Title

30. Effects of adolescent prescription stimulants and stress on adult addiction susceptibility

Faculty Mentor(s)

Ryan Shanks, Steven Lloyd

Campus

Dahlonega

Proposal Type

Poster

Subject Area

Biology

Location

Nesbitt 3110

Start Date

23-3-2018 11:00 AM

End Date

23-3-2018 12:00 PM

Description/Abstract

Adolescence represents a time of physical change and psychosocial stressors with an increased incidence of risk-seeking tendencies. Notably, adolescence is characterized as a critical window of neurological development. This maturation of neurocircuitry combined with risk-seeking tendencies results in a period of vulnerability to harmful factors such as drugs of abuse, or even chronic stress. The increasing availability, over-prescription, and subsequent misuse/abuse of ADHD-psychostimulant medications, such as dextroamphetamine (Adderall®) or methylphenidate (Ritalin®), in adolescent populations, necessitates studies investigating the long-term effects of these drugs. C57Bl/6J-mice were exposed to 1.0 mg/kg amphetamine (AMPH) or methylphenidate (MPD) from postnatal days 42-51 (late adolescence). After postnatal day 90, adult mice were challenged with a subacute methamphetamine (METH) dose (0.5 mg/kg). To test the long-term effects of adolescent drug exposures, animal activity was assessed using an open field chamber. Increased open field activity is a common measurement of behavioral sensitization, which is a hallmark of addiction. Late adolescent AMPH (male) and MPD (male and female) exposures induced cross-sensitization to METH in adulthood suggesting a sex-specific increased susceptibility to substance use. Unlike previous early adolescence studies, late-adolescent saline control treatments also induced adult cross-sensitization to METH. To isolate the hypothesized effects of the drug dosing induced stress, additional controls were included. Preliminary data suggest that adolescent stress produces a synergistic effect to drug exposure with adult addiction susceptibility. This study demonstrates differential drug-, sex-, and development-specific alterations induced by adolescent psychostimulant exposure and stress, leading to detrimental behavioral alterations toward drug abuse that persist into adulthood.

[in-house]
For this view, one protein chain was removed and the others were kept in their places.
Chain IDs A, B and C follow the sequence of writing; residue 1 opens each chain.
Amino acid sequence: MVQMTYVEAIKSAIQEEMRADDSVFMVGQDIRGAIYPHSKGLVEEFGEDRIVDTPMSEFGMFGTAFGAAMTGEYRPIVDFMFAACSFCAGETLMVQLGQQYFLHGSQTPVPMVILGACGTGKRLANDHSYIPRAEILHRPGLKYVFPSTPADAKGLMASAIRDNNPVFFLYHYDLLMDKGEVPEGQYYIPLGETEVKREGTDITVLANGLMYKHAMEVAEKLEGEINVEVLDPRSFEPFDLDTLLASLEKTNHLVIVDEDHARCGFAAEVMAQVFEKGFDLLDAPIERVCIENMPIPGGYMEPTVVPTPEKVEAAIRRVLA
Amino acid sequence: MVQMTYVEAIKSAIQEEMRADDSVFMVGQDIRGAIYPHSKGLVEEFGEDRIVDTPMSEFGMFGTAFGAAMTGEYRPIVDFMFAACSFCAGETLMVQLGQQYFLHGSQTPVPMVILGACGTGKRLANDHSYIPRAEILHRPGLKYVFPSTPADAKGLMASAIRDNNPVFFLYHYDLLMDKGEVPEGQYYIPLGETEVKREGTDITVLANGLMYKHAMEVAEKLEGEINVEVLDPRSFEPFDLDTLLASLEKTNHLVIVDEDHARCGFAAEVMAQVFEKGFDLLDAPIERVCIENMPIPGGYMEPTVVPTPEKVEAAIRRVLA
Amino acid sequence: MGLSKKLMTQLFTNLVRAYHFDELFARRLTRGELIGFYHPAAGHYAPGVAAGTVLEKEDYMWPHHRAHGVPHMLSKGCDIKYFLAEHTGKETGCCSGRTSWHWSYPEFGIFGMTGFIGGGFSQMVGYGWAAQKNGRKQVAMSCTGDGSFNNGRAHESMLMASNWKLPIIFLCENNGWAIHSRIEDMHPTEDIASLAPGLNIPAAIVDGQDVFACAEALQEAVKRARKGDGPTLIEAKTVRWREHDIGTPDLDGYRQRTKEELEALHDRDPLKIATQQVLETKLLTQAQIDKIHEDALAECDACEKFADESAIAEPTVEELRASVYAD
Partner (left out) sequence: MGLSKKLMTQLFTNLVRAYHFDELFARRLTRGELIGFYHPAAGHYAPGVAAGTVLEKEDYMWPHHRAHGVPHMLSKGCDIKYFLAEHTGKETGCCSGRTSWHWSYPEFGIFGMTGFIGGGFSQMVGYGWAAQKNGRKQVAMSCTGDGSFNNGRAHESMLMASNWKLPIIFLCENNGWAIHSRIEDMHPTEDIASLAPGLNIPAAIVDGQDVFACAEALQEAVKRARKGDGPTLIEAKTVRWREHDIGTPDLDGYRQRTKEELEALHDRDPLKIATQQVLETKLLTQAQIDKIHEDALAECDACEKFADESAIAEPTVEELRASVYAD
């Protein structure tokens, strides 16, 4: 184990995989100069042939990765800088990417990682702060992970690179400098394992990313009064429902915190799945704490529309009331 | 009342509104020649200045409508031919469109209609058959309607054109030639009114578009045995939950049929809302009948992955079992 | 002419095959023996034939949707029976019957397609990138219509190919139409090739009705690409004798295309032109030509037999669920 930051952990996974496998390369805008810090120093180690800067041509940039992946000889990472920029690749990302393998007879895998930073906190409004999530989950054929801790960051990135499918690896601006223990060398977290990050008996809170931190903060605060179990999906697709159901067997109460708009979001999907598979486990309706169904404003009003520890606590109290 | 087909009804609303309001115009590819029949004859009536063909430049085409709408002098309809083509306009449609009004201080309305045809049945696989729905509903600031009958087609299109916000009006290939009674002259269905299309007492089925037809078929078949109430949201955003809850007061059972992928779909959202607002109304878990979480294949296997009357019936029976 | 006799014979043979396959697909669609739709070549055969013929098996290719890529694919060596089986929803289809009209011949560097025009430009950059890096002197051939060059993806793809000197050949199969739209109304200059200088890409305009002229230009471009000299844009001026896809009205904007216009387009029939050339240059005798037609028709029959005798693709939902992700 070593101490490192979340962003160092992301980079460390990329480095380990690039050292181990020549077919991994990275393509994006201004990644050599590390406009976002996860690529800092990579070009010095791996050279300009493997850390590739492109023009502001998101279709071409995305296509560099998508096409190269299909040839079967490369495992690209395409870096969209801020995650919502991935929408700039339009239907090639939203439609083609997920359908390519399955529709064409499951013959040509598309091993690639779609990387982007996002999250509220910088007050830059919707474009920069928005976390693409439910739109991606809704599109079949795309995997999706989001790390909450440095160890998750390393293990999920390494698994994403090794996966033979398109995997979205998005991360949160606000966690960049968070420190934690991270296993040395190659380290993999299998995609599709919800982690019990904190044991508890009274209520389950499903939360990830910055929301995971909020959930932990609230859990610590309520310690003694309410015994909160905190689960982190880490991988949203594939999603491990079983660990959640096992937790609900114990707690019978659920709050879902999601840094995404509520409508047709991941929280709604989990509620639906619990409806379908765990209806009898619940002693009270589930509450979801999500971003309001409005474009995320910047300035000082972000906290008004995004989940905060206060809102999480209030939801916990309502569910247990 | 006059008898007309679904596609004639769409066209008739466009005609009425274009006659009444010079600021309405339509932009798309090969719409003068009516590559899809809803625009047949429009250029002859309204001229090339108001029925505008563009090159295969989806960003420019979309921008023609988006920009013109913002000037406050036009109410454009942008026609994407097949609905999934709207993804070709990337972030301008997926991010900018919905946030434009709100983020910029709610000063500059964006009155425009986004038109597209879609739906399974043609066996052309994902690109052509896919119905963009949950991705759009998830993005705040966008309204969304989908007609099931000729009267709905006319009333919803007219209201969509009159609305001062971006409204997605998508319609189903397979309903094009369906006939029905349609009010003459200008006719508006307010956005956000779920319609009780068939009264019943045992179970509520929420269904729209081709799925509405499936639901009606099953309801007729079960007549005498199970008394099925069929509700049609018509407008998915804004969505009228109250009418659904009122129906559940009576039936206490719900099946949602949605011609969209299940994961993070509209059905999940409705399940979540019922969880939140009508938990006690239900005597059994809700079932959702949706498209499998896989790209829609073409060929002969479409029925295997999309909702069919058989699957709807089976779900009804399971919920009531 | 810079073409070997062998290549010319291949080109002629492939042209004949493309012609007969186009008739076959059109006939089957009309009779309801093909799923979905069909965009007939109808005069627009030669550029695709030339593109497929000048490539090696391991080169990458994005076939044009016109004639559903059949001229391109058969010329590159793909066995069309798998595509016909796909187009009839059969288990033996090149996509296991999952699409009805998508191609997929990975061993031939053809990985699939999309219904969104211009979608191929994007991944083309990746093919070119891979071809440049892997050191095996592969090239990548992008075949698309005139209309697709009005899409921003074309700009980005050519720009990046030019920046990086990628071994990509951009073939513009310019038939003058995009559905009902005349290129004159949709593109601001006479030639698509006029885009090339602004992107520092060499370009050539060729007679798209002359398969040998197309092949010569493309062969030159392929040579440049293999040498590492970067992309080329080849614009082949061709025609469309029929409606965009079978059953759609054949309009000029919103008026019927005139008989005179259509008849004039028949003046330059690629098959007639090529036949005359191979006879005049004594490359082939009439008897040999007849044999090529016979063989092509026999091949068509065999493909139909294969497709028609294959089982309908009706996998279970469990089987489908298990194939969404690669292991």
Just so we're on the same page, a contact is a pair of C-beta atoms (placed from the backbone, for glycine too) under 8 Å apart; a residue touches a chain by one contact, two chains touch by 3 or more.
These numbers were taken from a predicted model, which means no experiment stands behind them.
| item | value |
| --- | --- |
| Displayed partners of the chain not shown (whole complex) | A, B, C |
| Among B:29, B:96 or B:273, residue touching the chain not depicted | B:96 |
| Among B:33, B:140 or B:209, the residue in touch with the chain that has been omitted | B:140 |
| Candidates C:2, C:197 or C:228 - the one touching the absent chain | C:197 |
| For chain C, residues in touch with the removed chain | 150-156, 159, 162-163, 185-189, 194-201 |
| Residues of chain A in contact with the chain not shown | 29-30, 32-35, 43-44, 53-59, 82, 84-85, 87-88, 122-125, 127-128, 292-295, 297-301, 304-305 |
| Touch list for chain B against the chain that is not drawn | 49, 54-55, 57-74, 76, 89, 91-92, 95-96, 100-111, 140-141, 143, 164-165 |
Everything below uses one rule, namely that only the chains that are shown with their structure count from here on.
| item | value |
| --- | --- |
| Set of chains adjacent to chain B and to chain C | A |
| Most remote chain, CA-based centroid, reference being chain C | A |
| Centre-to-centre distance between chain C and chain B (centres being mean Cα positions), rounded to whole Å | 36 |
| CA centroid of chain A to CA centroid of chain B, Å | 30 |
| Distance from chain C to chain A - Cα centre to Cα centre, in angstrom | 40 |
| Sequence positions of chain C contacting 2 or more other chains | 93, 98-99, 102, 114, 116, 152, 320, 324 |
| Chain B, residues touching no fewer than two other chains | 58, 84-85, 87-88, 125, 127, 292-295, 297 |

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Mar 23rd, 11:00 AM Mar 23rd, 12:00 PM

30. Effects of adolescent prescription stimulants and stress on adult addiction susceptibility

Nesbitt 3110

Adolescence represents a time of physical change and psychosocial stressors with an increased incidence of risk-seeking tendencies. Notably, adolescence is characterized as a critical window of neurological development. This maturation of neurocircuitry combined with risk-seeking tendencies results in a period of vulnerability to harmful factors such as drugs of abuse, or even chronic stress. The increasing availability, over-prescription, and subsequent misuse/abuse of ADHD-psychostimulant medications, such as dextroamphetamine (Adderall®) or methylphenidate (Ritalin®), in adolescent populations, necessitates studies investigating the long-term effects of these drugs. C57Bl/6J-mice were exposed to 1.0 mg/kg amphetamine (AMPH) or methylphenidate (MPD) from postnatal days 42-51 (late adolescence). After postnatal day 90, adult mice were challenged with a subacute methamphetamine (METH) dose (0.5 mg/kg). To test the long-term effects of adolescent drug exposures, animal activity was assessed using an open field chamber. Increased open field activity is a common measurement of behavioral sensitization, which is a hallmark of addiction. Late adolescent AMPH (male) and MPD (male and female) exposures induced cross-sensitization to METH in adulthood suggesting a sex-specific increased susceptibility to substance use. Unlike previous early adolescence studies, late-adolescent saline control treatments also induced adult cross-sensitization to METH. To isolate the hypothesized effects of the drug dosing induced stress, additional controls were included. Preliminary data suggest that adolescent stress produces a synergistic effect to drug exposure with adult addiction susceptibility. This study demonstrates differential drug-, sex-, and development-specific alterations induced by adolescent psychostimulant exposure and stress, leading to detrimental behavioral alterations toward drug abuse that persist into adulthood.